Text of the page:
Taylor & Francis
Prions are misfolded, aggregated, infectious proteins found in a range of organisms from mammals to bacteria. In mammals, prion formation is difficult to study because misfolding and aggregation take place prior to symptom presentation. The study of the yeast prion [PSI+], which is the misfolded infectious form of Sup35p, provides a tractable system to monitor prion formation in real time. Recently, we showed that the de novo formation of prion aggregates begins with the appearance of highly mobile cytoplasmic foci, called early foci, which assemble into larger ring or dot structures. We also observed SDS-resistant oligomers during formation, and lysates containing newly formed oligomers can convert [psi−] cells to the [PSI+] state, suggesting that these oligomers have infectious potential. Here, we further characterize two aspects of prion formation: spatial sequestration of early foci and oligomerization of endogenous Sup35p. Our data provides important insights into the process of prion formation and explores the minimal oligomer requirement for infectivity.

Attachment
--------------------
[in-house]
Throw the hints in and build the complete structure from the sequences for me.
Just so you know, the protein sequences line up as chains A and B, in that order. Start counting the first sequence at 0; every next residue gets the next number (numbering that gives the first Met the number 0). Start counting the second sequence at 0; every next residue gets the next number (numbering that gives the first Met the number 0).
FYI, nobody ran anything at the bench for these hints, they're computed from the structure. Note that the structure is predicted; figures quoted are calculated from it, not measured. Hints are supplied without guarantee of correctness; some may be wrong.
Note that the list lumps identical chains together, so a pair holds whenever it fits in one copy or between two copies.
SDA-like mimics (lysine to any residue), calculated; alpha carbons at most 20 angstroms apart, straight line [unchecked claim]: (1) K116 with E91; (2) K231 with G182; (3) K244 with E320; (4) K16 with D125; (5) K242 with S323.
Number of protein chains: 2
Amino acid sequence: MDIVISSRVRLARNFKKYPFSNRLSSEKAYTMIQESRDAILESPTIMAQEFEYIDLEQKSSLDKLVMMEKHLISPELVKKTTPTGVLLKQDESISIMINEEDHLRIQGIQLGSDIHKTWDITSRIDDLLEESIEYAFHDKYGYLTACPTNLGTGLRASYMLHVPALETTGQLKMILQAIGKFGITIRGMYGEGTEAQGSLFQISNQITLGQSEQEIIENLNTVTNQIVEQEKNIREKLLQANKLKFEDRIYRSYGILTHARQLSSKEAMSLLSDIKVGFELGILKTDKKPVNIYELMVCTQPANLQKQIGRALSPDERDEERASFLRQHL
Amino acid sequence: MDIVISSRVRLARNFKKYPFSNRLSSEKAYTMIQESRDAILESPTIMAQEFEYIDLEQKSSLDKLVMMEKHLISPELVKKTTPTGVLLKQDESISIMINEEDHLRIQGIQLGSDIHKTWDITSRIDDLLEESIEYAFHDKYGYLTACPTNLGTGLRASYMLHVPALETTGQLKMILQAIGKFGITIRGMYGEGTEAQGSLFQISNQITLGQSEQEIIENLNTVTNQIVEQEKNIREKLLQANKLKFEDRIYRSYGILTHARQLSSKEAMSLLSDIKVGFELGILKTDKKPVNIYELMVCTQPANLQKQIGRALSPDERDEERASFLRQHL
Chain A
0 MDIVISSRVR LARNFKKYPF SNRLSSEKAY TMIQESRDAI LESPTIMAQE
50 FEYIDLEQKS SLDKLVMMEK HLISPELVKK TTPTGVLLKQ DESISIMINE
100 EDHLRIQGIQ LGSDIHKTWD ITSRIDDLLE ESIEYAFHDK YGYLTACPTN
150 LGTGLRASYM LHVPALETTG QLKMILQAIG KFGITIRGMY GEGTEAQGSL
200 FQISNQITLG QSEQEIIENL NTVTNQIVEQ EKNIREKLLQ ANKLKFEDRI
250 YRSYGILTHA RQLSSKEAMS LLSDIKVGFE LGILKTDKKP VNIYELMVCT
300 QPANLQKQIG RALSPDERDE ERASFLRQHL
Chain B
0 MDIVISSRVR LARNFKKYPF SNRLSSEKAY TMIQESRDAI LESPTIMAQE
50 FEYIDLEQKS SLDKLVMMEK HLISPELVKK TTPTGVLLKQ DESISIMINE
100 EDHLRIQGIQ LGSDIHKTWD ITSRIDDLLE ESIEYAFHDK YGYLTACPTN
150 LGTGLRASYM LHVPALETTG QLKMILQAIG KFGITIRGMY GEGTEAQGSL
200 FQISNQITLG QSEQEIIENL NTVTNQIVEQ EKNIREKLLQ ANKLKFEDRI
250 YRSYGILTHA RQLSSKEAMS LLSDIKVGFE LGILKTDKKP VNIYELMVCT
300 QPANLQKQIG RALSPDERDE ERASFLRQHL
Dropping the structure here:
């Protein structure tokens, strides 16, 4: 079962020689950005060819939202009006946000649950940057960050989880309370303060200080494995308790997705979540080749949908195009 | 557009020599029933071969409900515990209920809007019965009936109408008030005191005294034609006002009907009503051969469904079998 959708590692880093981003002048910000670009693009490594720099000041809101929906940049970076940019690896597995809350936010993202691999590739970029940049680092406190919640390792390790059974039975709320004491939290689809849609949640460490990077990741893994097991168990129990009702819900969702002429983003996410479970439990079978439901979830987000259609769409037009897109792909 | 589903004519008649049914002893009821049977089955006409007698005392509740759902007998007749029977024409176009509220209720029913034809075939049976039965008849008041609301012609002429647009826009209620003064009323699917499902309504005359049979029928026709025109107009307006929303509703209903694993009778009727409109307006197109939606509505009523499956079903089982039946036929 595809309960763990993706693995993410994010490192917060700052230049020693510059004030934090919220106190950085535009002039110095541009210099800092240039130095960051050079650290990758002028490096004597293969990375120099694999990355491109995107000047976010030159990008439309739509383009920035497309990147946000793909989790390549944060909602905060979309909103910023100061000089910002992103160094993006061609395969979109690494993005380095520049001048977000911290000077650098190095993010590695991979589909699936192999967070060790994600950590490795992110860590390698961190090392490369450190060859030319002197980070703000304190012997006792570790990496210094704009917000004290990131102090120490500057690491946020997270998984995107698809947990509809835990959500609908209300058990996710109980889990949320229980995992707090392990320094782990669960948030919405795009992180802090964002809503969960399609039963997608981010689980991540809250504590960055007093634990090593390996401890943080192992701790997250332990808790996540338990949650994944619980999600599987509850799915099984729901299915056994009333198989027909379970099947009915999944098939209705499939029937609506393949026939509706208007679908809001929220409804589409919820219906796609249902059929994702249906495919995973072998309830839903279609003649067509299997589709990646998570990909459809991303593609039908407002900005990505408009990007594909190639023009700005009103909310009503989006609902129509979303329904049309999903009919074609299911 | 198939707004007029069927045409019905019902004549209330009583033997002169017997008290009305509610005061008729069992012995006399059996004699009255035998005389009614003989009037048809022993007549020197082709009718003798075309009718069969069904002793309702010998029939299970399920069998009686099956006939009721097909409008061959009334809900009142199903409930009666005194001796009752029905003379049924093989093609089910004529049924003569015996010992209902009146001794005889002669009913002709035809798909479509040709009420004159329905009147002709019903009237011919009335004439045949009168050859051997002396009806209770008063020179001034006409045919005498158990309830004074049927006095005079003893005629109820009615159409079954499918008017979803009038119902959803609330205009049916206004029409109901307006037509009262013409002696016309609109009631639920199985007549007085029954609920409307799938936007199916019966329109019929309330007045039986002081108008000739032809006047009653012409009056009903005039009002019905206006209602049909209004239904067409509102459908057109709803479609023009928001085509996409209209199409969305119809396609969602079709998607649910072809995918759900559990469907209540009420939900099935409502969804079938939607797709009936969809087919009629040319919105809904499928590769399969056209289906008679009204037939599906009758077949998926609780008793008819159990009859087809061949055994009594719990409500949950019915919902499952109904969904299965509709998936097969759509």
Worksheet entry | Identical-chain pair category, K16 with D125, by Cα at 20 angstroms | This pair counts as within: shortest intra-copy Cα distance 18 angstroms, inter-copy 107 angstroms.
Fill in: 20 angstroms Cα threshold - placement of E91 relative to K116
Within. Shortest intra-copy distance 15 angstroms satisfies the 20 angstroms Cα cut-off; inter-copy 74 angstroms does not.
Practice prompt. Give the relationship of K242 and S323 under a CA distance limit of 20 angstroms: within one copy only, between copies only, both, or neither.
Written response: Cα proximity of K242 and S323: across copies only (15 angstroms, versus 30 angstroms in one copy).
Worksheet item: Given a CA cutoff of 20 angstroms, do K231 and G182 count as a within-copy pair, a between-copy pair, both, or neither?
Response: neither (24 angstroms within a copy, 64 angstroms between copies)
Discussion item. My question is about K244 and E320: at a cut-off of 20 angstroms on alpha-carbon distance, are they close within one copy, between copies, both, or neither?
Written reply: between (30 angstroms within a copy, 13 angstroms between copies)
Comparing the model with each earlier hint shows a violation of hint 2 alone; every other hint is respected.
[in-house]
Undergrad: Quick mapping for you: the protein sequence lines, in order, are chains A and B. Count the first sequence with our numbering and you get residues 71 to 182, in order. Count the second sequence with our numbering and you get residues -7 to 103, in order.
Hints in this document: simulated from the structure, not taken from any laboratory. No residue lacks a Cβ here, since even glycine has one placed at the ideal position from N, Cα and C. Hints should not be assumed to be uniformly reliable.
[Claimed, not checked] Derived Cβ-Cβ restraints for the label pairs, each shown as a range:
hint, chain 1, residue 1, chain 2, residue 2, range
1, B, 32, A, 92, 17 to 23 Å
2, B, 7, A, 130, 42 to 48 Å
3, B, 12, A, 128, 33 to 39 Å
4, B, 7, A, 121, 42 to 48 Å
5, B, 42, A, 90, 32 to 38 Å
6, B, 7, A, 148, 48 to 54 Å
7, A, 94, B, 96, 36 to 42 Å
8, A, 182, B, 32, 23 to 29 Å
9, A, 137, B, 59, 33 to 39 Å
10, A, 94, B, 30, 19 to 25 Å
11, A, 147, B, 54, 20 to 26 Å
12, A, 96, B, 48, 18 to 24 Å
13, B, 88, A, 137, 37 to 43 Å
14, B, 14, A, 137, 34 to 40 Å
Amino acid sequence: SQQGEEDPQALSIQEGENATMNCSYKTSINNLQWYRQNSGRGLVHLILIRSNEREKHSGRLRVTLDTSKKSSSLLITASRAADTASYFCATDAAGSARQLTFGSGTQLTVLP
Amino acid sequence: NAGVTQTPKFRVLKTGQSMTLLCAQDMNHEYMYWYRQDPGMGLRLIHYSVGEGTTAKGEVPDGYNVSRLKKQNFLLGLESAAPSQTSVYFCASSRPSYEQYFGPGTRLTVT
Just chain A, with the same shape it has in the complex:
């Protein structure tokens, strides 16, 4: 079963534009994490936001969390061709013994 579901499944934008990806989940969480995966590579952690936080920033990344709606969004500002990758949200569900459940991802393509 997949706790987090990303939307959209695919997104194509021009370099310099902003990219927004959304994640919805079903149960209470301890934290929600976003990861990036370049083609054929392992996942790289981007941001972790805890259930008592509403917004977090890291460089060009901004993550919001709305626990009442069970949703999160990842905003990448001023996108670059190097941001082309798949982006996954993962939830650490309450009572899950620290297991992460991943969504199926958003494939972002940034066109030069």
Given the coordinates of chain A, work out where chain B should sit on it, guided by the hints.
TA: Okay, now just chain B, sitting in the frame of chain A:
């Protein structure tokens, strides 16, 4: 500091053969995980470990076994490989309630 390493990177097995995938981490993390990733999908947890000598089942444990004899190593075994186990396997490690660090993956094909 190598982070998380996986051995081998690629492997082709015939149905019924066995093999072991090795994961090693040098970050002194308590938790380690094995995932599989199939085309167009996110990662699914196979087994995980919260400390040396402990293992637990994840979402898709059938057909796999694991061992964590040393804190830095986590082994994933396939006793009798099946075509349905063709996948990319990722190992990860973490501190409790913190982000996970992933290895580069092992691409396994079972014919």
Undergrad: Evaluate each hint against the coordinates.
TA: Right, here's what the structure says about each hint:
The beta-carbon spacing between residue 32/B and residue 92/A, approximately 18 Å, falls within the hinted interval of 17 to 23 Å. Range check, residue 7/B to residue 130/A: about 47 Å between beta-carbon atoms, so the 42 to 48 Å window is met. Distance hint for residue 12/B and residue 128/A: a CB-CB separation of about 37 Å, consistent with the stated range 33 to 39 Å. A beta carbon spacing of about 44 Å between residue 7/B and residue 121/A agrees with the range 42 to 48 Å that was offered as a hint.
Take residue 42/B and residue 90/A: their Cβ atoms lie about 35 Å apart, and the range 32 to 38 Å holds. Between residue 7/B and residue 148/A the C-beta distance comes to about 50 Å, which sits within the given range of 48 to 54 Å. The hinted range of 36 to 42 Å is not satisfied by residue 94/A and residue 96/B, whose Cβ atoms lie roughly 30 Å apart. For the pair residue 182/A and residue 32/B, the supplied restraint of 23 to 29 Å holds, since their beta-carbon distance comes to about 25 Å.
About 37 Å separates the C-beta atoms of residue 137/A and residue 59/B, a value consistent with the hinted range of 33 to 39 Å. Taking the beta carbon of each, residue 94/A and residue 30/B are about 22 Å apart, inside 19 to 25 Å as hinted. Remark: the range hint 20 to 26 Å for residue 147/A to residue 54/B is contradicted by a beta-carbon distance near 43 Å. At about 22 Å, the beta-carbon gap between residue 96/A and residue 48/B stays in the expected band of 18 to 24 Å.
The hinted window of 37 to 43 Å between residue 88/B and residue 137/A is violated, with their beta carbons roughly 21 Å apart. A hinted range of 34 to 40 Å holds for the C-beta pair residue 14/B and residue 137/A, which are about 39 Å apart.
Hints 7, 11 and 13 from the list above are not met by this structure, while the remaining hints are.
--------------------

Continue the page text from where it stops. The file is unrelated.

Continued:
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Lyke, Douglas and Manogaran, Anita L., "Spatial Sequestration and Oligomer Remodeling During de novo [PSI+] Formation" (2017). Biological Sciences Faculty Research and Publications. 607.
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